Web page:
While President Obama had a photo op in the Rose Garden with Xi Xinping, who pledged to end cyberespionage, President Trump has the FBI roll up the Chinese spies crawling all over our military bases, labs, and universities. He’s cracked down on Huawei, the espionage arm of the Chinese People’s Liberation Army disguised as a tech firm, and cut off access to crucial American technologies that previous administrations were more than happy to sell to Beijing.
Instead of encouraging American businesses to expand their operations in China where rule of law is a fantasy, President Trump orders businesses to diversify their supply chains away from China, and says Beijing needs to straighten up and fly right.
While others remain focused solely on removing tariffs, President Trump understands the bigger picture: other nations are unsuitable platforms for American jobs.
He renegotiated the South Korea trade deal to get better terms for American producers. USMCA, the renegotiation of NAFTA promised on the campaign trail, returns jobs to American shores by updating the rules of origin to require more local content for parts and higher wages for the labor used to manufacture vehicles sold in the United States.
In the phase-one deal with China we see a microcosm of how President Trump has remade our foreign trade policy.
It may well be that Trump was the last person in our lifetime capable of making this course correction.
College and university students now major in “supply chain management,” a fancy way of saying outsourcing to cheap foreign labor to avoid American environmental, safety, and tax laws. President Trump remembers we used to make things in America, and he understands we must do so again to be prosperous.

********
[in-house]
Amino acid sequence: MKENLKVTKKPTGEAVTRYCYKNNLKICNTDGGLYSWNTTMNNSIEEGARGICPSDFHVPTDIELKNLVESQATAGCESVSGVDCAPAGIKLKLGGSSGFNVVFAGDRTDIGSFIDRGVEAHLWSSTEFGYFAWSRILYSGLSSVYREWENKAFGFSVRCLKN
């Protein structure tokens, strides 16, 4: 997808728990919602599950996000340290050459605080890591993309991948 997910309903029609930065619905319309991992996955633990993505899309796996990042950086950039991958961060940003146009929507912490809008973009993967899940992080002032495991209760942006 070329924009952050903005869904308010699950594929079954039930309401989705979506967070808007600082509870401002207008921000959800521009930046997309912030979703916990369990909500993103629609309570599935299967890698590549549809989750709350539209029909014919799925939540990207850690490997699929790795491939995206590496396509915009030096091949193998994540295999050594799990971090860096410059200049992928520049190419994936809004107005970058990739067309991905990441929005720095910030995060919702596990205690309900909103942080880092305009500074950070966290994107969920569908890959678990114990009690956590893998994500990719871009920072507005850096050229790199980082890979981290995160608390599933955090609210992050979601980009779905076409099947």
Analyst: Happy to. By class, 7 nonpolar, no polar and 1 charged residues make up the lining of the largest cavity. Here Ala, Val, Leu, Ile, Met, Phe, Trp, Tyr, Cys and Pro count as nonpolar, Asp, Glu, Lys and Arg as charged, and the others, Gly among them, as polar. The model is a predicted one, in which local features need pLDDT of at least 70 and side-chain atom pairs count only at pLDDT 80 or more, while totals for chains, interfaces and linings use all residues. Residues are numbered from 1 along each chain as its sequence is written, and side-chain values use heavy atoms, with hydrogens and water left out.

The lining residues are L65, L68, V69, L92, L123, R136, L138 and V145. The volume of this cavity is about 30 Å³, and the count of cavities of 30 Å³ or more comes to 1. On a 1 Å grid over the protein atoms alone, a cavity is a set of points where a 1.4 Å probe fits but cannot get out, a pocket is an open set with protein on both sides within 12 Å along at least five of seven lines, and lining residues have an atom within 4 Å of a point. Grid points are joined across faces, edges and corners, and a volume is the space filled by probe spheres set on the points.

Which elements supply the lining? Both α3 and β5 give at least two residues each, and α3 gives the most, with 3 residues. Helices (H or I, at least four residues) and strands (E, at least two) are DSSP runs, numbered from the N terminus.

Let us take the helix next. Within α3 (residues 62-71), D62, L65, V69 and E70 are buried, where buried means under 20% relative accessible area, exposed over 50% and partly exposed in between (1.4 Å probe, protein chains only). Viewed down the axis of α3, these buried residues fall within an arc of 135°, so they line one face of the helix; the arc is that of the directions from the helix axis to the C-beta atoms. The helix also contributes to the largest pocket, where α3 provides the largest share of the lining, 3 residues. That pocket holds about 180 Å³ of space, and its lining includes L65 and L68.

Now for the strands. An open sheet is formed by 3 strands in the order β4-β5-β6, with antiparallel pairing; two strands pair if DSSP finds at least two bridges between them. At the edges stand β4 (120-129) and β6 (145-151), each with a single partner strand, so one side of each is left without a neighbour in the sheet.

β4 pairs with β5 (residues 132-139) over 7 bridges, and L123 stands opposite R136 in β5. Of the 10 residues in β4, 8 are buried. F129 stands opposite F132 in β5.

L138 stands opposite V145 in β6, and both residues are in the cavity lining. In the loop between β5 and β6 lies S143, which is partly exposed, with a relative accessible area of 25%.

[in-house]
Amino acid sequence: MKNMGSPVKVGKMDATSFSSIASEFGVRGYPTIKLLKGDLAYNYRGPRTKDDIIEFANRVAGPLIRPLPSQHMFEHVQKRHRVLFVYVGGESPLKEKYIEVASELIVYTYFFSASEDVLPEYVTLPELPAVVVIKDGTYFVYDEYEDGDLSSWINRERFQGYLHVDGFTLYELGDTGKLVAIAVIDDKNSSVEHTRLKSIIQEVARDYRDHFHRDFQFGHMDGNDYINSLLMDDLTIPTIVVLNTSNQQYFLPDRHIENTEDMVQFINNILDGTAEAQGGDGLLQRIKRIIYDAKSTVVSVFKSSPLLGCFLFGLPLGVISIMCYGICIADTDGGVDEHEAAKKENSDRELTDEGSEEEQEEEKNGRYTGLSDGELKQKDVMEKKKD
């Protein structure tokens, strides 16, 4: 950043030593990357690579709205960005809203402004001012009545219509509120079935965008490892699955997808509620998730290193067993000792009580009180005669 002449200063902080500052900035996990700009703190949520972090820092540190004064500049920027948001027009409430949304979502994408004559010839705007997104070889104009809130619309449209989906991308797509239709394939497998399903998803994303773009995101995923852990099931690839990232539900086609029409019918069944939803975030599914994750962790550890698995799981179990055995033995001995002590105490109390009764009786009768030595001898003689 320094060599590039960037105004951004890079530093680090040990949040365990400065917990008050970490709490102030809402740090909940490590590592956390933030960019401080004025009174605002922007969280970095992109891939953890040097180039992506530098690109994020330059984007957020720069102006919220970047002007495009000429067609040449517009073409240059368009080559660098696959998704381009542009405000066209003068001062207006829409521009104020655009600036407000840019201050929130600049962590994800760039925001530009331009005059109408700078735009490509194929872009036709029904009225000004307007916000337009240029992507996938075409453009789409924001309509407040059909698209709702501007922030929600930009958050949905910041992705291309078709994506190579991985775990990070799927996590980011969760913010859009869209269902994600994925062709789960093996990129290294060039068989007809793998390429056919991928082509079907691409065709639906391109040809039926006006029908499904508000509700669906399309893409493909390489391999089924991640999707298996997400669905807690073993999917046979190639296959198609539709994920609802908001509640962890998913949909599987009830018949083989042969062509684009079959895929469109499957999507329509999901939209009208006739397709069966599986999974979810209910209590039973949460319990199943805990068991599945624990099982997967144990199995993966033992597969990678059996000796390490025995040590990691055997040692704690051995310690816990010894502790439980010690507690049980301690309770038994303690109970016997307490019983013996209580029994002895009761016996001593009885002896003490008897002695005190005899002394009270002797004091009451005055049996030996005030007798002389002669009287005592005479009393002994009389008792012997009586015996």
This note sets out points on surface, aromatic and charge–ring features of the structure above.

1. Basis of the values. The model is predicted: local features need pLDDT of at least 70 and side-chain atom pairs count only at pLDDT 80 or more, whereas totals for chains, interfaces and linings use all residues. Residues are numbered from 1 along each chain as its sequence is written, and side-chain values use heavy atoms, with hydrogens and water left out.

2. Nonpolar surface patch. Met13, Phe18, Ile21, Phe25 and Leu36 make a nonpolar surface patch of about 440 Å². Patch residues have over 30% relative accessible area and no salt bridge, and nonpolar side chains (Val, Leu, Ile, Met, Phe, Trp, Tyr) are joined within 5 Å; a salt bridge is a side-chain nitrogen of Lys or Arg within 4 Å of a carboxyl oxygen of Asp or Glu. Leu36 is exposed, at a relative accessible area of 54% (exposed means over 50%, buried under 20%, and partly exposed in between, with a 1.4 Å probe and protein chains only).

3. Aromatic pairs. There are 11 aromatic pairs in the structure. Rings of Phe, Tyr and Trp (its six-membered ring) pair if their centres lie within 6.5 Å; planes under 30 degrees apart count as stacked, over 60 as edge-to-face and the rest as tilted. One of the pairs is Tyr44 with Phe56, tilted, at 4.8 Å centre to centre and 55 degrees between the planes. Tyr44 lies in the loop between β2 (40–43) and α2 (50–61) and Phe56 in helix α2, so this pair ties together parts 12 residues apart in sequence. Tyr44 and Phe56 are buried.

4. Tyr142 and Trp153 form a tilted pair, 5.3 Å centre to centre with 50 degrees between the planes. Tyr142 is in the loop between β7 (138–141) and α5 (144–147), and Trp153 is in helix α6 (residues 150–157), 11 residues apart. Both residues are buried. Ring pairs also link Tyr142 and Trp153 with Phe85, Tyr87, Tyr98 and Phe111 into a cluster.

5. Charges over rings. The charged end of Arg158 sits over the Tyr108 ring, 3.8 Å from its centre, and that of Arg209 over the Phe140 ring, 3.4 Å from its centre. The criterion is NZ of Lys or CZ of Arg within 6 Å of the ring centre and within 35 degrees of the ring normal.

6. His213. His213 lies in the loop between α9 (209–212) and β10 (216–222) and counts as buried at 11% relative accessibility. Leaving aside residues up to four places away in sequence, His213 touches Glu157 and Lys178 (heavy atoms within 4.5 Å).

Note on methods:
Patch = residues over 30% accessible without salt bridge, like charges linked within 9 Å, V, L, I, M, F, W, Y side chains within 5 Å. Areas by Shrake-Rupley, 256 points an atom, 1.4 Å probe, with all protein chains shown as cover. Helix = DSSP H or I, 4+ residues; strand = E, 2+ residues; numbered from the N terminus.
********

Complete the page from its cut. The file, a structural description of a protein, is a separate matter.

Major corporations and media networks now tout the concept of a “global citizen,” our elites imagine “there’s no countries” and pledge allegiance to a theoretical concept, “the global economy.” They see nationalism as a disease that must be extirpated. President Trump proudly declares himself a nationalist. His allegiance is to America, and he is happy to say he is president of the United States, not president of the world.
For more than the last half century, American foreign policy was driven by the concept of eroding national sovereignty, making the world safe for multinational companies to operate without restrictions by sovereign nations. President Trump’s guiding star is to make America, not “the global economy” or stateless global corporations, great again.
Economic nationalism is a cornerstone of Trump’s America First agenda. Rather than perpetuating the low-wage, low productivity model built on a never-ending supply of cheap foreign labor, America Firsters seek to return to the high-wage, high-productivity model that produced the broad-based prosperity members of Trump’s generation remember.
This model, the historical norm in our country, had a name: the American system.
-Curtis Ellis is Policy Director for America First Policies.